Customer Alignment and The Future of Banking

I have been thinking more about customer alignment lately. We are adding this category in the LendIt Fintech Awards in 2019 as Scott Sanborn, the CEO of LendingClub mentioned in his opening keynote in April. It is an issue which gets to the heart of what is wrong with banking today and how fintech can help create change.

First, let me begin with a personal story. I have had a banking relationship with the same large bank since 1993. I opened two accounts, business and personal, when I was getting my first business off the ground. Needless to say money was really tight. I would occasionally bounce checks and I used credit cards as a way to borrow money but I managed to get by. What I really needed back then, but didn’t have, was a financial institution that had my best interests in mind.

I remember one time when I mailed a batch of checks without the money in the bank but was confident by the time the checks were deposited the money would be there to cover them all. It wasn’t. So, I ended up bouncing four or five checks and paying a fortune in overdraft fees. But here was the kicker. The bank could have processed two of these checks but instead the largest one came out first, so all the checks bounced.

Thankfully not all banks do this but it is common practice in many banks and back in the 1990s I am guessing it happened a lot more. But I believe the days are numbered for this kind of program.

A Win-Lose Proposition is a Losing Game

Overdraft fees are just one of a myriad of fees charged by banks. There are minimum balance fees, monthly maintenance fees, wire fees, returned deposit fees, ATM fees just to name a few. Many of these fees are a win-lose proposition – as in the bank wins and you lose. But as finance becomes more transparent and better options emerge revenue from these kinds of fees is destined to fall.

At LendIt Europe last year Jaidev Janardana, the CEO of Zopa, the leading UK peer to peer lender that is applying for a bank license, said that the next generation of banking will start with the customer. It will entail a fair business model that is designed to win when customers win. Banking products will be simple, transparent and based on customer needs.

Enterprising entrepreneurs are already tackling pain points like overdraft fees. Fintech companies like Dave, MoneyLion, Chime and PayActiv have all built creative ways to avoid these kinds of fees whether it is with reminders, an inexpensive line of credit product, a paycheck advance or some combination. And hundreds of companies have built personal financial management apps to help people manage the money they earn better.

ATM fees is another unpopular fee charged by banks. Digital banks have had to attack this head on given they have no physical branches where you can withdraw cash. Many digital banks limit you to a certain number of free withdrawals a month but they all have some kind of free program here.

Customer Alignment is Win-Win

One of the founding principles of business should be the idea of the win-win. The revenue gained by a business should be the direct result of making their customers’ lives better. This is customer alignment and I think it is going to be one the big trends in financial services over the next decade.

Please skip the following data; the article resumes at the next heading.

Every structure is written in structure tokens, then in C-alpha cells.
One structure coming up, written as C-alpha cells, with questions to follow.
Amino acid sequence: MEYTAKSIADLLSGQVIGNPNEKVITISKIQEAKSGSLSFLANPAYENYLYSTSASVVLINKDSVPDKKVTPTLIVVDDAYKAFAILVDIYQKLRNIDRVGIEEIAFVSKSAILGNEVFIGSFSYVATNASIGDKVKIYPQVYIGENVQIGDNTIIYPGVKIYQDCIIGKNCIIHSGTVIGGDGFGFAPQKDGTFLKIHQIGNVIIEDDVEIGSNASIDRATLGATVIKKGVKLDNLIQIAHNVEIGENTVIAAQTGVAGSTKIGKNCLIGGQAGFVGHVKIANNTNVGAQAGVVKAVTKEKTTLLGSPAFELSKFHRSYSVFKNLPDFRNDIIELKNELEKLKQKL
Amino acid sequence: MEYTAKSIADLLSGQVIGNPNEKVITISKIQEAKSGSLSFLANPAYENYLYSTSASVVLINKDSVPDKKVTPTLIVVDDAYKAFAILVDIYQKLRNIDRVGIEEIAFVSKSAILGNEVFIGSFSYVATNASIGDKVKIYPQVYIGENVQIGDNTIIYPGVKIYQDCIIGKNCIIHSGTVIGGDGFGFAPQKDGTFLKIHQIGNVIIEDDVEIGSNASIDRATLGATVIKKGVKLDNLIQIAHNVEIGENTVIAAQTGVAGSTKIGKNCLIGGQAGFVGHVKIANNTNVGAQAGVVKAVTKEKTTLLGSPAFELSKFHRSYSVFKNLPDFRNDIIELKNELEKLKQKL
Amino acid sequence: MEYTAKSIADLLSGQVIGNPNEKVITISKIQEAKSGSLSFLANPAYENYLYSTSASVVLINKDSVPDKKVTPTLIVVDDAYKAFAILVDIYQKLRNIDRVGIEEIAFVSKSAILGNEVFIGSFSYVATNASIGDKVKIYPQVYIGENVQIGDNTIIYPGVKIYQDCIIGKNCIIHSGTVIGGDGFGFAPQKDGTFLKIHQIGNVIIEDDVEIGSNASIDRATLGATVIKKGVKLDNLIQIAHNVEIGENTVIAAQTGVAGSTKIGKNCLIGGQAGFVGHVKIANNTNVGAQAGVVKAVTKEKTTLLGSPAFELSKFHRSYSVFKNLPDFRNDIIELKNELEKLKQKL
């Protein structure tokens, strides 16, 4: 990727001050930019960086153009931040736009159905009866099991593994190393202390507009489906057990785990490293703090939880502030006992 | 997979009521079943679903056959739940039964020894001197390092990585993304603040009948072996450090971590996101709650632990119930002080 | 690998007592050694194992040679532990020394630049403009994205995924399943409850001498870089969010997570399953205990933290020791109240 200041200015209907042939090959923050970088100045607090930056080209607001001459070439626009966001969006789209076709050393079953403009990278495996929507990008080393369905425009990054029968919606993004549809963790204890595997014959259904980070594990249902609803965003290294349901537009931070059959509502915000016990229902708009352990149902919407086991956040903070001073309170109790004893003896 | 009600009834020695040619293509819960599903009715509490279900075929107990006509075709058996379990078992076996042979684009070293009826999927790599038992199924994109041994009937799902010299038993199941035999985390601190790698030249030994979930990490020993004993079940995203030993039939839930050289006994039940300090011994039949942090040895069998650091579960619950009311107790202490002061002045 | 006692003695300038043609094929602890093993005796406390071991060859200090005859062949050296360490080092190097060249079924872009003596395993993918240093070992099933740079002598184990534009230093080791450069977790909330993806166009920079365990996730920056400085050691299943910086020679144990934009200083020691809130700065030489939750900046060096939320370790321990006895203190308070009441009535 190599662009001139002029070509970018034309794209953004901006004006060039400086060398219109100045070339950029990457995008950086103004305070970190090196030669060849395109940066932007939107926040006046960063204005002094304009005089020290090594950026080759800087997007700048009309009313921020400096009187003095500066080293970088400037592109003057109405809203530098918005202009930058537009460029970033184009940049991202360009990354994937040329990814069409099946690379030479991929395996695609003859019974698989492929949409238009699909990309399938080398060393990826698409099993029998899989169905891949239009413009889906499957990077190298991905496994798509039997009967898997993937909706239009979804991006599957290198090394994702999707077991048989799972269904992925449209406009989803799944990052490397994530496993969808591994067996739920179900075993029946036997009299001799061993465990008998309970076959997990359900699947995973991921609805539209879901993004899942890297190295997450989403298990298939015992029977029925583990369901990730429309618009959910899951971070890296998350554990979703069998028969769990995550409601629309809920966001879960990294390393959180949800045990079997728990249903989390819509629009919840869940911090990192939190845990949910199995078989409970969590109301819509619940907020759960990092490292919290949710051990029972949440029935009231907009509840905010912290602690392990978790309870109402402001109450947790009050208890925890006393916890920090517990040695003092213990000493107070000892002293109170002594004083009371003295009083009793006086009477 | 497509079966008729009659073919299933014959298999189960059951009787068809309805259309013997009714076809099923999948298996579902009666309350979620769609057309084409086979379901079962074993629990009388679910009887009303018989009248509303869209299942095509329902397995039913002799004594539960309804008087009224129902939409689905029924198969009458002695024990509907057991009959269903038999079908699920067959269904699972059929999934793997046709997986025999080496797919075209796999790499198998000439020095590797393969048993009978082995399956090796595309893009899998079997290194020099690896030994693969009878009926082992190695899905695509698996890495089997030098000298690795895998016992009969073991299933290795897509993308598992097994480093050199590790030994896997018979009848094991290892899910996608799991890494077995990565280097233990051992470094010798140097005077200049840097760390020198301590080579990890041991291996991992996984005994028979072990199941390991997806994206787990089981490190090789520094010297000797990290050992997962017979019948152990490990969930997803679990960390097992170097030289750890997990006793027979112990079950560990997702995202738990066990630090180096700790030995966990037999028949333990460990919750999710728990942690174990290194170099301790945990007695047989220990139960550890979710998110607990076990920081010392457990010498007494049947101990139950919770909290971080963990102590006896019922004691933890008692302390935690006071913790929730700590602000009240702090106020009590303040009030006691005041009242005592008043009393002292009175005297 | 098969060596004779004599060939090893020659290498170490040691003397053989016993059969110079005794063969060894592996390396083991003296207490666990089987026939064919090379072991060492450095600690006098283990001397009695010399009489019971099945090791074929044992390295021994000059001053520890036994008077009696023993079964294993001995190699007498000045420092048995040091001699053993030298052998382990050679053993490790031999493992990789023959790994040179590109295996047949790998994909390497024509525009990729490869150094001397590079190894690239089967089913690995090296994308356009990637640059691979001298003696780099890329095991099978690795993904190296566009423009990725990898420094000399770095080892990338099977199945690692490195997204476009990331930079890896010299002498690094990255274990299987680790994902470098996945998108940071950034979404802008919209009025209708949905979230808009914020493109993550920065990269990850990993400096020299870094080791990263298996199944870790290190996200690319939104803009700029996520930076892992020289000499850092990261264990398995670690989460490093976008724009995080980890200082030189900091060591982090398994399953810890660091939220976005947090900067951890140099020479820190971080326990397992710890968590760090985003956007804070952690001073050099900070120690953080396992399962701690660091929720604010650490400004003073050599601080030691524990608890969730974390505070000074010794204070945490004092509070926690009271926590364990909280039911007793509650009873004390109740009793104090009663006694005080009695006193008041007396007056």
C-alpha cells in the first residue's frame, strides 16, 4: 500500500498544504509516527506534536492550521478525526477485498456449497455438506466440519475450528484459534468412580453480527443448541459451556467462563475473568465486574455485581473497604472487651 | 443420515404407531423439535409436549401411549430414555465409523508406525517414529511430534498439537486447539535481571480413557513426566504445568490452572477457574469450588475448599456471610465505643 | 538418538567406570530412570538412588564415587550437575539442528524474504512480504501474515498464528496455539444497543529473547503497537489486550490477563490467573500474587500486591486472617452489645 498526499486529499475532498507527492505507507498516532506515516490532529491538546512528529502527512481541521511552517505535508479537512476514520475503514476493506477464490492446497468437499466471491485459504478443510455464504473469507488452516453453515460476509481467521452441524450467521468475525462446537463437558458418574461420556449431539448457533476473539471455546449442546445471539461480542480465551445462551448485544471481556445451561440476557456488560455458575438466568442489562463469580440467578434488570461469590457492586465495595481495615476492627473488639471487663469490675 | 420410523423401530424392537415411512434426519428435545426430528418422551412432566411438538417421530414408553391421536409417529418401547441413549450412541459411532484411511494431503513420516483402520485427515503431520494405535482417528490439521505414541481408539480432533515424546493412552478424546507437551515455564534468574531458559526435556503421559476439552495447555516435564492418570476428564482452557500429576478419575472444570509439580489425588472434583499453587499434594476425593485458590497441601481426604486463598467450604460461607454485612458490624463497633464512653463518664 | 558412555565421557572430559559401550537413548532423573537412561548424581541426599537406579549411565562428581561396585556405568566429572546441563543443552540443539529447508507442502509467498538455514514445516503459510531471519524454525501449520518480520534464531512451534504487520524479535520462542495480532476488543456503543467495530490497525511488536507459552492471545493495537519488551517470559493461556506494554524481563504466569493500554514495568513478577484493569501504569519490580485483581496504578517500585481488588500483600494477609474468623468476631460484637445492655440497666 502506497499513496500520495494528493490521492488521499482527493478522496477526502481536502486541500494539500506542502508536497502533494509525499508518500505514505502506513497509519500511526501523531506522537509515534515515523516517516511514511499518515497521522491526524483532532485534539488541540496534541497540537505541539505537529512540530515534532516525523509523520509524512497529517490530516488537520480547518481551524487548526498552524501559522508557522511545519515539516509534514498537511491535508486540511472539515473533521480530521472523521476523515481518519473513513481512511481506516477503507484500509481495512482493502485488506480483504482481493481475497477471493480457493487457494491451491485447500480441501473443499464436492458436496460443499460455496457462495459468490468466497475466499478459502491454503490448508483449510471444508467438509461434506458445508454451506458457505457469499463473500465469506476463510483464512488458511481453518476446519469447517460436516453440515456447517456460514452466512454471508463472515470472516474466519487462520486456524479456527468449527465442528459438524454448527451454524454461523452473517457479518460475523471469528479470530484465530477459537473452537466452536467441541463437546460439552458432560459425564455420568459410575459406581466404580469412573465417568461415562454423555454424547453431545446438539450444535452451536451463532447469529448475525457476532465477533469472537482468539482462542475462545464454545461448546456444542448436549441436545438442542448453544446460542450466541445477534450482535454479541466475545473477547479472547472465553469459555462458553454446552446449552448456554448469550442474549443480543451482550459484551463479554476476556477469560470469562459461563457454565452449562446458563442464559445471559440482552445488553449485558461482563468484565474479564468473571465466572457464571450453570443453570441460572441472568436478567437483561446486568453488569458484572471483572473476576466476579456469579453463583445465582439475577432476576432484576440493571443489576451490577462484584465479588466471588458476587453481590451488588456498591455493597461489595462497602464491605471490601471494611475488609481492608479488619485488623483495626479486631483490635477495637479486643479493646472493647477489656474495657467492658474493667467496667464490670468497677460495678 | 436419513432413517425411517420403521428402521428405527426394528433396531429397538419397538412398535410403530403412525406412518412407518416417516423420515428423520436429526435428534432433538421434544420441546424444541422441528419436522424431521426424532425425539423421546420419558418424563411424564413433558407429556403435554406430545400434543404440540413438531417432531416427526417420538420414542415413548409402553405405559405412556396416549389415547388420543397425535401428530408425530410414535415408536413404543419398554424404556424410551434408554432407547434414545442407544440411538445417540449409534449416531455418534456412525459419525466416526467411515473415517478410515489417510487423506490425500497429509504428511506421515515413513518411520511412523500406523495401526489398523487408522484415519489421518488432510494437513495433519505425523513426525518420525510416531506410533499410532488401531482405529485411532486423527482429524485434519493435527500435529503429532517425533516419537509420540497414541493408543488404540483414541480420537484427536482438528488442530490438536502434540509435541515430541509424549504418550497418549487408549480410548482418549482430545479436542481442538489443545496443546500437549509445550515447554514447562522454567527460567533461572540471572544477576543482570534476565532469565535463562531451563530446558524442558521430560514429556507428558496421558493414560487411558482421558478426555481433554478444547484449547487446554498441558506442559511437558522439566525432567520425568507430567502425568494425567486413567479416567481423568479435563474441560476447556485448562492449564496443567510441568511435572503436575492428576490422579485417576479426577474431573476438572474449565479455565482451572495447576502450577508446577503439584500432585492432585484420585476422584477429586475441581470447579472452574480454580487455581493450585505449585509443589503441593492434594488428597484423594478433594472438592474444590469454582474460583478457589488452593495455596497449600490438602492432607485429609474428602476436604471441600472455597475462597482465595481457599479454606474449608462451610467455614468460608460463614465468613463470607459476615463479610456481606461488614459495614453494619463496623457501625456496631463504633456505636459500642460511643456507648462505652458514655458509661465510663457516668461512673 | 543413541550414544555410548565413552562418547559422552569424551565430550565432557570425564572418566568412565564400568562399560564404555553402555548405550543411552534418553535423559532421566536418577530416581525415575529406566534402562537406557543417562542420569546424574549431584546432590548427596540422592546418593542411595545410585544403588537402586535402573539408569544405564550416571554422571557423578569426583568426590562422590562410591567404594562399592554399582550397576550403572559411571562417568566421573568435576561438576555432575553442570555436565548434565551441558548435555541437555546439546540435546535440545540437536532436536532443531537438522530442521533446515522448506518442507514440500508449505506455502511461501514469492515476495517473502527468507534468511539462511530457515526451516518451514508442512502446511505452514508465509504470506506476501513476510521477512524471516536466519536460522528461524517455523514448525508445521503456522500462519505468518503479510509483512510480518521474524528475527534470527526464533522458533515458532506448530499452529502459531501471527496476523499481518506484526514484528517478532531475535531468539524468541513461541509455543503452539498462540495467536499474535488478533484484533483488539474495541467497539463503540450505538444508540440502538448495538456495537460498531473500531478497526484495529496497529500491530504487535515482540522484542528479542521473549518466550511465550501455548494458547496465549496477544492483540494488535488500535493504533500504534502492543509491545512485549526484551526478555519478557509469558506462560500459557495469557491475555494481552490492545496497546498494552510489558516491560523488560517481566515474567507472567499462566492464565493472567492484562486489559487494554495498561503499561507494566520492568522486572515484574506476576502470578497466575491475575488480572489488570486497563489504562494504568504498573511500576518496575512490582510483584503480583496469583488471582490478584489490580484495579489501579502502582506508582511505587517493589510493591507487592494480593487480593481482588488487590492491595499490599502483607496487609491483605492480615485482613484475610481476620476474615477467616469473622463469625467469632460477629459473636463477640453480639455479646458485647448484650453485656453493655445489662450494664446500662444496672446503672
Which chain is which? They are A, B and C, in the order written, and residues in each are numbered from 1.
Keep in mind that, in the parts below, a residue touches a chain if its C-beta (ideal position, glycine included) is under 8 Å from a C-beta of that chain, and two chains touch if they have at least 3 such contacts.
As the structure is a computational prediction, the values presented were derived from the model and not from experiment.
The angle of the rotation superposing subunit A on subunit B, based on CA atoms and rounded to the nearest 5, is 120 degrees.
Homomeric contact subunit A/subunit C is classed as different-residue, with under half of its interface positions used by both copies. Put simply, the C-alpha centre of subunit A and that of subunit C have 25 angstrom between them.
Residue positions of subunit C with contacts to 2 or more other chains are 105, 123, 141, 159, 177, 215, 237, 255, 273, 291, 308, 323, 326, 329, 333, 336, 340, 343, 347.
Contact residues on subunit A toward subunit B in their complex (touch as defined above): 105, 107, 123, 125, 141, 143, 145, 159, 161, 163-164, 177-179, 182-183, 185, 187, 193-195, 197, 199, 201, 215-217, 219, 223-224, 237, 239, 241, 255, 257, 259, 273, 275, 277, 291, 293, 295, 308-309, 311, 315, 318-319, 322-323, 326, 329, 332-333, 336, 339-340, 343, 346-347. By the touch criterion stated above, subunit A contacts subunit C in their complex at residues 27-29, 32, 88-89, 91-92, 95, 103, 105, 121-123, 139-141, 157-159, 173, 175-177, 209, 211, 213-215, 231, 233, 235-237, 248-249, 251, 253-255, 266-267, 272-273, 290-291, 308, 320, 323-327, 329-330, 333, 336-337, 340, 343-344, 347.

The large American banks are very profitable. The big four (JPMorgan Chase, Bank of America, Wells Fargo and Citi) are all frequently on lists of the most profitable companies in the country. A good chunk of this profit comes from fees and I think this revenue is going to reduce sharply as time goes on.

The millennials and Generation Z, those people born after 1982, are simply not going to accept these bank fees when better alternatives are available. They have grown up in a digital world and value customer experience far more than their parents did.

Now, I am definitely not part of either of those generations but I have developed an abhorrence for bank fees. I will go out of my way to avoid ATM fees on principle and thankfully I no longer have to worry about overdraft fees.

One day, I am going to switch to a new bank and when I do it will be a digital bank that is far more focused on customer alignment and creating win-win products. The only reason I have not done this yet is the dozens of transactions that get automatically deducted or deposited each month.

We have put up with lousy products and a bad customer experience for long enough. Relying on customer inertia is not a good growth strategy. The successful bank of the future will have customer alignment at the core of everything they do. And fintech companies will be taking the lead here.

Peter Renton is the chairman and co-founder of LendIt Fintech, the world’s first and largest digital media and events company focused on fintech.

LendIt Fintech conducts three conferences a year for the leading fintech markets of the USA, Europe, and Latin America. LendIt also provides cutting-edge content all year long via audio, video, and written channels.

Peter has been writing about fintech since 2010 and he is the author and creator of the Fintech One-on-One Podcast, the first and longest-running fintech interview series.

Peter has been interviewed by the Wall Street Journal, Bloomberg, The New York Times, CNBC, CNN, Fortune, NPR, Fox Business News, the Financial Times, and dozens of other publications.

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